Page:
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OMERS has named Michael Latimer, left, as its new CEO. He will replace retiring chief executive Michael Nobrega, who leaves the post March 31. (OMERS)
OMERS has named Michael Latimer, left, as its new CEO. He will replace retiring chief executive Michael Nobrega, who leaves the post March 31. (OMERS)

New OMERS CEO Latimer aims to erase funding shortfall Add to ...

The new CEO of the Ontario Municipal Employees Retirement System says one of his top priorities will be making the $60-billion pension fund financially secure.

Michael Latimer says he does not plan a new strategic direction for OMERS when he takes over as chief executive from Michael Nobrega, who is retiring on March 31 after serving in the top job since 2007, but said funding security will remain a key priority. OMERS is one of Canada’s largest pension managers, overseeing investing for municipal employees in Ontario.

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“We’re striving to make OMERS one of the most secure pension plans in the world and provide the best services for our members. … Those are things that I would like not to change, but to continue to enhance and pursue,” Mr. Latimer said in an interview Wednesday.

OMERS announced Wednesday that Mr. Latimer, 62, will succeed Mr. Nobrega. He is currently OMERS’ chief investment officer, and will keep the CIO title after he becomes CEO.

Financial security is a key issue for OMERS, which has faced a significant funding shortfall since the financial crisis in 2008, when it reported a 15-per-cent loss on its investment portfolio, costing $8-billion. The fund said it had a $10-billion solvency deficit at the end of 2012.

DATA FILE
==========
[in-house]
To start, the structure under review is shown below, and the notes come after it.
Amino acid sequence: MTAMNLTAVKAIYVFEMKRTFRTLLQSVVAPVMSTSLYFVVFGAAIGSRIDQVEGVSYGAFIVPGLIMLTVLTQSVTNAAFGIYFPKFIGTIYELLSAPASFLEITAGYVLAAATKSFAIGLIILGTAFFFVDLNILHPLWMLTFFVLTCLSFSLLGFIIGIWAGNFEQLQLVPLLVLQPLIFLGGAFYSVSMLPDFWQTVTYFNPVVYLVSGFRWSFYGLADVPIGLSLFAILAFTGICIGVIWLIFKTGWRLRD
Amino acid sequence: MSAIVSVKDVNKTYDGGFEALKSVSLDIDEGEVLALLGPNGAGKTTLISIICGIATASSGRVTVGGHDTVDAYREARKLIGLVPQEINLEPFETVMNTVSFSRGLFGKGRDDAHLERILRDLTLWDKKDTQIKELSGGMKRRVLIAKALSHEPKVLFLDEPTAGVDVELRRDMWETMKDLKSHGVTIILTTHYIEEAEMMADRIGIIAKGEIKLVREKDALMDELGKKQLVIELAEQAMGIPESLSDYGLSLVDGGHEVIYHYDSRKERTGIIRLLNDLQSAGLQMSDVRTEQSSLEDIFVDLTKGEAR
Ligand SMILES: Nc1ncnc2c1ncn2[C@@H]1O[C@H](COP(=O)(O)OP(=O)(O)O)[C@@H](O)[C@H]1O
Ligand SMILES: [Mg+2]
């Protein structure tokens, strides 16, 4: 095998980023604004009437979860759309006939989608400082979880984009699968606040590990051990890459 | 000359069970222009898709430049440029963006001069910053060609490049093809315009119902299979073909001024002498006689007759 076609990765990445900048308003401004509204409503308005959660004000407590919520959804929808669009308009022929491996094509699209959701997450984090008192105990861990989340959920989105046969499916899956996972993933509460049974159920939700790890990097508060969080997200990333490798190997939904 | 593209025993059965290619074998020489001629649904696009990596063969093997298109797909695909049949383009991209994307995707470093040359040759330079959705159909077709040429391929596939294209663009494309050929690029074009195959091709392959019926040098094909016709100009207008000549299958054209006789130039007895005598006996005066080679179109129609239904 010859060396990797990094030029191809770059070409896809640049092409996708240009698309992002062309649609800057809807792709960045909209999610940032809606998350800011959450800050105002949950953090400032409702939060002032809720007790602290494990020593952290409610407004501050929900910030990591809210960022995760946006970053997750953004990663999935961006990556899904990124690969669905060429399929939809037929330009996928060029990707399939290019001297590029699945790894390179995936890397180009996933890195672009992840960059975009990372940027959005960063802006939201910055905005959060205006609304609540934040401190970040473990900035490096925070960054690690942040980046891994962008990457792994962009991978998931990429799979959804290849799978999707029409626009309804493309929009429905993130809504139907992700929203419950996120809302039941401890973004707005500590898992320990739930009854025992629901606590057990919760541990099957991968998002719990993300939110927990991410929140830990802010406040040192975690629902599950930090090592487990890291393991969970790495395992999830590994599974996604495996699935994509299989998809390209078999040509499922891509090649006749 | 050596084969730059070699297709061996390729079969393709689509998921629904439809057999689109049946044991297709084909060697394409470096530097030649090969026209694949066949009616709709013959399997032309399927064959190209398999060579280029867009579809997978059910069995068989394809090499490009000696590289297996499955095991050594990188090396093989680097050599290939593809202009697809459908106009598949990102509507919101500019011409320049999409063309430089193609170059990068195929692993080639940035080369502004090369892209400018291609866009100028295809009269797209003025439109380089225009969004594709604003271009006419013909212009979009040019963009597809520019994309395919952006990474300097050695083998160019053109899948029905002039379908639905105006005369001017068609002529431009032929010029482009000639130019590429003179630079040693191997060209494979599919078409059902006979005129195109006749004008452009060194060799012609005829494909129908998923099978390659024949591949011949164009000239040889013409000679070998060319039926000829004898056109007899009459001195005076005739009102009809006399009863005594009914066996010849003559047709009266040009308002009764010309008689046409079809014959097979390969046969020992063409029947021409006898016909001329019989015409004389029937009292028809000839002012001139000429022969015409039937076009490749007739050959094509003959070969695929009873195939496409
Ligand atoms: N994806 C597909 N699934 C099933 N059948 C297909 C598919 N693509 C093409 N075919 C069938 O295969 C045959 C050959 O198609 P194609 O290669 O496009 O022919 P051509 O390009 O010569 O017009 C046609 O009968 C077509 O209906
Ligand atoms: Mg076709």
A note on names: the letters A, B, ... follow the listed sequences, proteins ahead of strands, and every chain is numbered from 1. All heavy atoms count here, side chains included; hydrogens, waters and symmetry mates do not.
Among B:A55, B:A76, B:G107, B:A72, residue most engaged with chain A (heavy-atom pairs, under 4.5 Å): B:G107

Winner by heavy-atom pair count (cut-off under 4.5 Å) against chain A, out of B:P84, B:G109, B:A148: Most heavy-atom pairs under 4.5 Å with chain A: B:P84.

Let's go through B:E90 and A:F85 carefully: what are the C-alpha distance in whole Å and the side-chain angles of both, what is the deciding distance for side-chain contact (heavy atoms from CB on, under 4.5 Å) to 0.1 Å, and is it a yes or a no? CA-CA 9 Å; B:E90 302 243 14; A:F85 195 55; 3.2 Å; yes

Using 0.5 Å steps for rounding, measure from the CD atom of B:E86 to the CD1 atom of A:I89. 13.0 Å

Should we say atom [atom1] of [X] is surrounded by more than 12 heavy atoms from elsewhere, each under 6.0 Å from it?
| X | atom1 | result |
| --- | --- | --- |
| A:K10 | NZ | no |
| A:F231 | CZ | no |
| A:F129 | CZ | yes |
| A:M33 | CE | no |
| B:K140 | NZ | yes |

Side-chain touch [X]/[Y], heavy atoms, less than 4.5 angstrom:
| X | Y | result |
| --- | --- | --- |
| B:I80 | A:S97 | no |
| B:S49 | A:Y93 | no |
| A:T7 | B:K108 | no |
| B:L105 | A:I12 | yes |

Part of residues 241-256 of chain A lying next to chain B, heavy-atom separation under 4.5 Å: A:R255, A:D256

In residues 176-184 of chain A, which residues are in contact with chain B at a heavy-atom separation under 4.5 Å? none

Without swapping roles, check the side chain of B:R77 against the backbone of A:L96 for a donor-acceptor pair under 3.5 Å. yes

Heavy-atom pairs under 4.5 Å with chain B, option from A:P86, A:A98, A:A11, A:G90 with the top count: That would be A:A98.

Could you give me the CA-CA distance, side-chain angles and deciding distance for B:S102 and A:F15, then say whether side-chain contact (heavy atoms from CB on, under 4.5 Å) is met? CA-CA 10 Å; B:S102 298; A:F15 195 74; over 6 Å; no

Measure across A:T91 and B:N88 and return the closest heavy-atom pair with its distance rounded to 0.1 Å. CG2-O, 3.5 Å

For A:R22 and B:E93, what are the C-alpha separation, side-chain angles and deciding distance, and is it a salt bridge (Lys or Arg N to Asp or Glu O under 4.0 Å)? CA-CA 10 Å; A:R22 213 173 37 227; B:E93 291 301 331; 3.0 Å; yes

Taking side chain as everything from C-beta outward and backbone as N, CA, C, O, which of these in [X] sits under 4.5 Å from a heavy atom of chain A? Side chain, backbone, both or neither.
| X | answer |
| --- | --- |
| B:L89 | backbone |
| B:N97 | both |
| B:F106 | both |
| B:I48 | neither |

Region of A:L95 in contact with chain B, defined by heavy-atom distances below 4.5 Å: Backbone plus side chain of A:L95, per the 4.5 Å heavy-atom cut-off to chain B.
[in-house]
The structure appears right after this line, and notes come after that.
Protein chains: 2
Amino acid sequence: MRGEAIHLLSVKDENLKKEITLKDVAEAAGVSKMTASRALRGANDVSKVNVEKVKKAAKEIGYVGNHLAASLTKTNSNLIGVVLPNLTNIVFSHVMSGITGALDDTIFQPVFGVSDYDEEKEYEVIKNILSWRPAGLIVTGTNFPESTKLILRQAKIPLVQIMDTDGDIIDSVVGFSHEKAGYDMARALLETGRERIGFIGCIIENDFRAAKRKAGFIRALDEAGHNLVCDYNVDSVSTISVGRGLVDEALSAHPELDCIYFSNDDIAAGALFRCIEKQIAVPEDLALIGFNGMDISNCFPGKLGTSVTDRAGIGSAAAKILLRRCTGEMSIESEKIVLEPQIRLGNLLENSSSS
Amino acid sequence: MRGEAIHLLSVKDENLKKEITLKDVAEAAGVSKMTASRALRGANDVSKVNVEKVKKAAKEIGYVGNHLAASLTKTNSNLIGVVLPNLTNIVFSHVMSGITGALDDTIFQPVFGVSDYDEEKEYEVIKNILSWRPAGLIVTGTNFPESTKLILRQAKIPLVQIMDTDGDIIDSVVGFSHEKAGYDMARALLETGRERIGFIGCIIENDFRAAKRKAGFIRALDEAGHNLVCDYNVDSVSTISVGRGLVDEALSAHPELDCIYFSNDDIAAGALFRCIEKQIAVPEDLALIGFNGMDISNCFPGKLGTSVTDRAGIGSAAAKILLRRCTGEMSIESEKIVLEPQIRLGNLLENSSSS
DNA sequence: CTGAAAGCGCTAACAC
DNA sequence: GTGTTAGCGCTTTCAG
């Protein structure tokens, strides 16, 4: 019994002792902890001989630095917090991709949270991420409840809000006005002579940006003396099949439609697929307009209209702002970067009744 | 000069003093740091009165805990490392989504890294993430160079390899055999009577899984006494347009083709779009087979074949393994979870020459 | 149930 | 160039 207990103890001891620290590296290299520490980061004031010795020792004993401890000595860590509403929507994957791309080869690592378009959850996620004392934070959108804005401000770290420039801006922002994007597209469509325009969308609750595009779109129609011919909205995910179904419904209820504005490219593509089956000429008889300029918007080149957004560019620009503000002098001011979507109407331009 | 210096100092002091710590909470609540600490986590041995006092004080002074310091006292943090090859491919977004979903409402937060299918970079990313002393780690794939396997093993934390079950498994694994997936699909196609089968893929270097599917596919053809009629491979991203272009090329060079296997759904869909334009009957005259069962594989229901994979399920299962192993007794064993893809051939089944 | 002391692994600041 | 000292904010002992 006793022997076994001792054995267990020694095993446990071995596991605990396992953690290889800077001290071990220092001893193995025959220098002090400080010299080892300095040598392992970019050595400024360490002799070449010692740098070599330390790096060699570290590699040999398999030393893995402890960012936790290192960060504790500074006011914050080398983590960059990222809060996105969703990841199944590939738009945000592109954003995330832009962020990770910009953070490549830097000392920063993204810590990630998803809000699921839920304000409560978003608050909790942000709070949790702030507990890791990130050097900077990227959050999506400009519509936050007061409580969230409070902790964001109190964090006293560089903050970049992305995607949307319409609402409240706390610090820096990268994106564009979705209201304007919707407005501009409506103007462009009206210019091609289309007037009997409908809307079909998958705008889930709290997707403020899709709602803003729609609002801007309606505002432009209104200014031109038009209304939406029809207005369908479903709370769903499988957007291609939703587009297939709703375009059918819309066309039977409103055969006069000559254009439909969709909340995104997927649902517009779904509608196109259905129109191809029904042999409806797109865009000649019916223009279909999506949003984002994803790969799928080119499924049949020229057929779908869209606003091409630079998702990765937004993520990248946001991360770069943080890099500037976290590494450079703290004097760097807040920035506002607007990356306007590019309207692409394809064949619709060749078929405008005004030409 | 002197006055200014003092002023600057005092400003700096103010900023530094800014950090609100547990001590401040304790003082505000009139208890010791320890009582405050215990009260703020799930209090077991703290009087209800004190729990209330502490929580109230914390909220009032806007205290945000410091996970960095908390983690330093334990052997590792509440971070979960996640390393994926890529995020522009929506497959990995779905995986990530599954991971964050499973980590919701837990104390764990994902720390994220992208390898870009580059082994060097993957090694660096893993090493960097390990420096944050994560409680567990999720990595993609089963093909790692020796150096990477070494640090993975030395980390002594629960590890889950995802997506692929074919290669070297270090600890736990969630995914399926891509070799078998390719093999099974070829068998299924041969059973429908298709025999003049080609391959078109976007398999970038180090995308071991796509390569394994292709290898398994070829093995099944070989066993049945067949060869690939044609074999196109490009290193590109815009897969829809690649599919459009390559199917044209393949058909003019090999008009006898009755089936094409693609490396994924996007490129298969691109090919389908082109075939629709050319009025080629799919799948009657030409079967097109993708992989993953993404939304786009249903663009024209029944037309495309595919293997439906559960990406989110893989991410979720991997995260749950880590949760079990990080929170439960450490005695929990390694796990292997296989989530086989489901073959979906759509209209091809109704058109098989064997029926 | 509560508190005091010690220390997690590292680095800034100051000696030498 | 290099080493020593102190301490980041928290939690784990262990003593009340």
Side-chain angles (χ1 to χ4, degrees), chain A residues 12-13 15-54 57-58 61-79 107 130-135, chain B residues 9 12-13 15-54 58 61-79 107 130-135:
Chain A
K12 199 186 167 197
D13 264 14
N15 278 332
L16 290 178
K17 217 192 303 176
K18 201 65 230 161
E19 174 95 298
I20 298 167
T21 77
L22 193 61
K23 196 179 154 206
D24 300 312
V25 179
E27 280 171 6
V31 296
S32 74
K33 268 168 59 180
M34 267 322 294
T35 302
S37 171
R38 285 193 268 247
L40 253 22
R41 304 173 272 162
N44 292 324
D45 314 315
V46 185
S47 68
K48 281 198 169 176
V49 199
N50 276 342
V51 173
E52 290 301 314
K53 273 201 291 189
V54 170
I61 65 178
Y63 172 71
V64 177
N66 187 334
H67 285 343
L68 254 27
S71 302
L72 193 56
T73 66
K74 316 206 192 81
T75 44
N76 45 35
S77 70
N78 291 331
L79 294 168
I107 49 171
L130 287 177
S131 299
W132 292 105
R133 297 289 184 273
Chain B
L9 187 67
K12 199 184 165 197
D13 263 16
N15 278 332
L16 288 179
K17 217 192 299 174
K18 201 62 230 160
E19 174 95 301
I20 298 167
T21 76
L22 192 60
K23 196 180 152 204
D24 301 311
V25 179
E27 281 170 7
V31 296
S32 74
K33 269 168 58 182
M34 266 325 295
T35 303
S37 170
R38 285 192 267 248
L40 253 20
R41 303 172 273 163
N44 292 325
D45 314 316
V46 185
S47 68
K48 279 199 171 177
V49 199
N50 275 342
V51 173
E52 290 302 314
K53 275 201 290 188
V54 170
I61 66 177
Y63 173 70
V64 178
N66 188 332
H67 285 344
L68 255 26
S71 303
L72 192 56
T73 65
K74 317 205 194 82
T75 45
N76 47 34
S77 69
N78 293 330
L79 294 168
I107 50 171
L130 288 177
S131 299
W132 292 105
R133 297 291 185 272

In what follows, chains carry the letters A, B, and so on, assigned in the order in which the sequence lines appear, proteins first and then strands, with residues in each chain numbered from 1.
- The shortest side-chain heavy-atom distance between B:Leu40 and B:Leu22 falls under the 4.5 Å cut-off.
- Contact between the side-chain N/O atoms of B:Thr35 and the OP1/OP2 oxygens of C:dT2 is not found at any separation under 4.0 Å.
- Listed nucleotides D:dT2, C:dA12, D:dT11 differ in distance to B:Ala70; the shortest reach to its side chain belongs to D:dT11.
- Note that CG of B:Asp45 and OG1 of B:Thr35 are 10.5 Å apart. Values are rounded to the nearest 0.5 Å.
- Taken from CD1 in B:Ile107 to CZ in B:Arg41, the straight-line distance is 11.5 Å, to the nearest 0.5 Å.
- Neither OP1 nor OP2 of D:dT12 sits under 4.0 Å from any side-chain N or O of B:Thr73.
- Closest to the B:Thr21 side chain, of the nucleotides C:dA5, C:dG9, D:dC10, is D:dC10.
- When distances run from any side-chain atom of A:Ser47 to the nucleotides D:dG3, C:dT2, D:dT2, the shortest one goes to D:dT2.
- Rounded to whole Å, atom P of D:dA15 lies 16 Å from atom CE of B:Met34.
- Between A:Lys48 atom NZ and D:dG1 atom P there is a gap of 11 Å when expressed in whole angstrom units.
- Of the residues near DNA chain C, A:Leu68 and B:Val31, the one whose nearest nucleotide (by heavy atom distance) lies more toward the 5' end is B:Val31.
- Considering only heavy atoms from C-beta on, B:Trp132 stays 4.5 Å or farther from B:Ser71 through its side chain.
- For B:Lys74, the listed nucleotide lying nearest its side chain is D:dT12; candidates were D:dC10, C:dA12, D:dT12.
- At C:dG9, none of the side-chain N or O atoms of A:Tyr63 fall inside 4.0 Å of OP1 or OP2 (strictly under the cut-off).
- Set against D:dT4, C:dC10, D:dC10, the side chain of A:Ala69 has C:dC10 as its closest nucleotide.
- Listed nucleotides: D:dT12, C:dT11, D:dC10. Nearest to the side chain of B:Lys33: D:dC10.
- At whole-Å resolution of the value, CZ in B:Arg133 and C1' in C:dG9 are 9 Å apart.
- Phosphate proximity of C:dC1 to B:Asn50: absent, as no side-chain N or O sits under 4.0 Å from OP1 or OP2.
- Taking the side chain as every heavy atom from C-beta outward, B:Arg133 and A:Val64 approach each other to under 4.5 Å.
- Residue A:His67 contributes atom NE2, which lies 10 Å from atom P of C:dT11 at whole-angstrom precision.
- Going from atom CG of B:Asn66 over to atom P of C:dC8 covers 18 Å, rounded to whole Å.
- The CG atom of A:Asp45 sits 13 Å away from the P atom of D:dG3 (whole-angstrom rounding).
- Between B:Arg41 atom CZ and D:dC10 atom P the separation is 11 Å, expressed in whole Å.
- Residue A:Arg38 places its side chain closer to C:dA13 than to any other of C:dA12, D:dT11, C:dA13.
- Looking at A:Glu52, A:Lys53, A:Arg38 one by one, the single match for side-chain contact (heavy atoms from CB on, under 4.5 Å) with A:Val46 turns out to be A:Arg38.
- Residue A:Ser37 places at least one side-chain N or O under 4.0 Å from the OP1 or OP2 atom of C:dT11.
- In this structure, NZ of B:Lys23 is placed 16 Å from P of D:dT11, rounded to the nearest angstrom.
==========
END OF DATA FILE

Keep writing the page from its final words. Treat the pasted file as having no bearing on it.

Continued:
In 2010, OMERS implemented a plan to eliminate the deficit that includes a contribution increase for plan members phased in over three years.

Mr. Nobrega said Wednesday that he is confident the plan will move back to fully funded status due to strong investment returns and higher contributions.

He said he began planning his retirement more than two years ago, but did not want to leave until he had seen OMERS complete a revamp of its governance model and put a new independent board chair in place. Retired insurance industry executive George Cooke was appointed in October this year, becoming the first independent board chair who is not affiliated with any of OMERS’ employer sponsors.

“That was the trigger event that made everything happen,” Mr. Nobrega said. “I said I would stay until such time as we had that final peg in place.”

Mr. Nobrega said he is especially proud of the innovation that has occurred at OMERS in recent years. The fund has launched a program to offer fee-based investment services to smaller pension plans that contract out their management to OMERS, and introduced a program giving members the option to make additional voluntary pension contributions and have the money managed by OMERS.

Mr. Nobrega says innovations at OMERS have contributed to the high regard that pension experts and money managers in other countries have for Canada’s public sector pension funds. “We’ve added to the mystique of the Canadian pension funds outside of Canada,” he said.

Mr. Latimer first joined OMERS in 1997 and previously served as chief operating officer of Borealis Capital Corp., which was a controversial offshoot of OMERS during a period when the fund decided to spin off its private equity management into a separate company.

When Borealis was brought back in house in 2004 following critiques of the high costs of outside management, Mr. Latimer became CEO of Oxford Properties Group, which is the real estate arm of OMERS. He became chief investment officer of OMERS in January, 2010.

Mr. Latimer said he long aspired to the top job and is “honoured” by the appointment.

“I have to be honest – it’s something I’ve always had an interest to take on,” he said. “There are so many really great things going on that it would be hard to say that you wouldn’t want to aspire to have the opportunity to take on this role at OMERS.”

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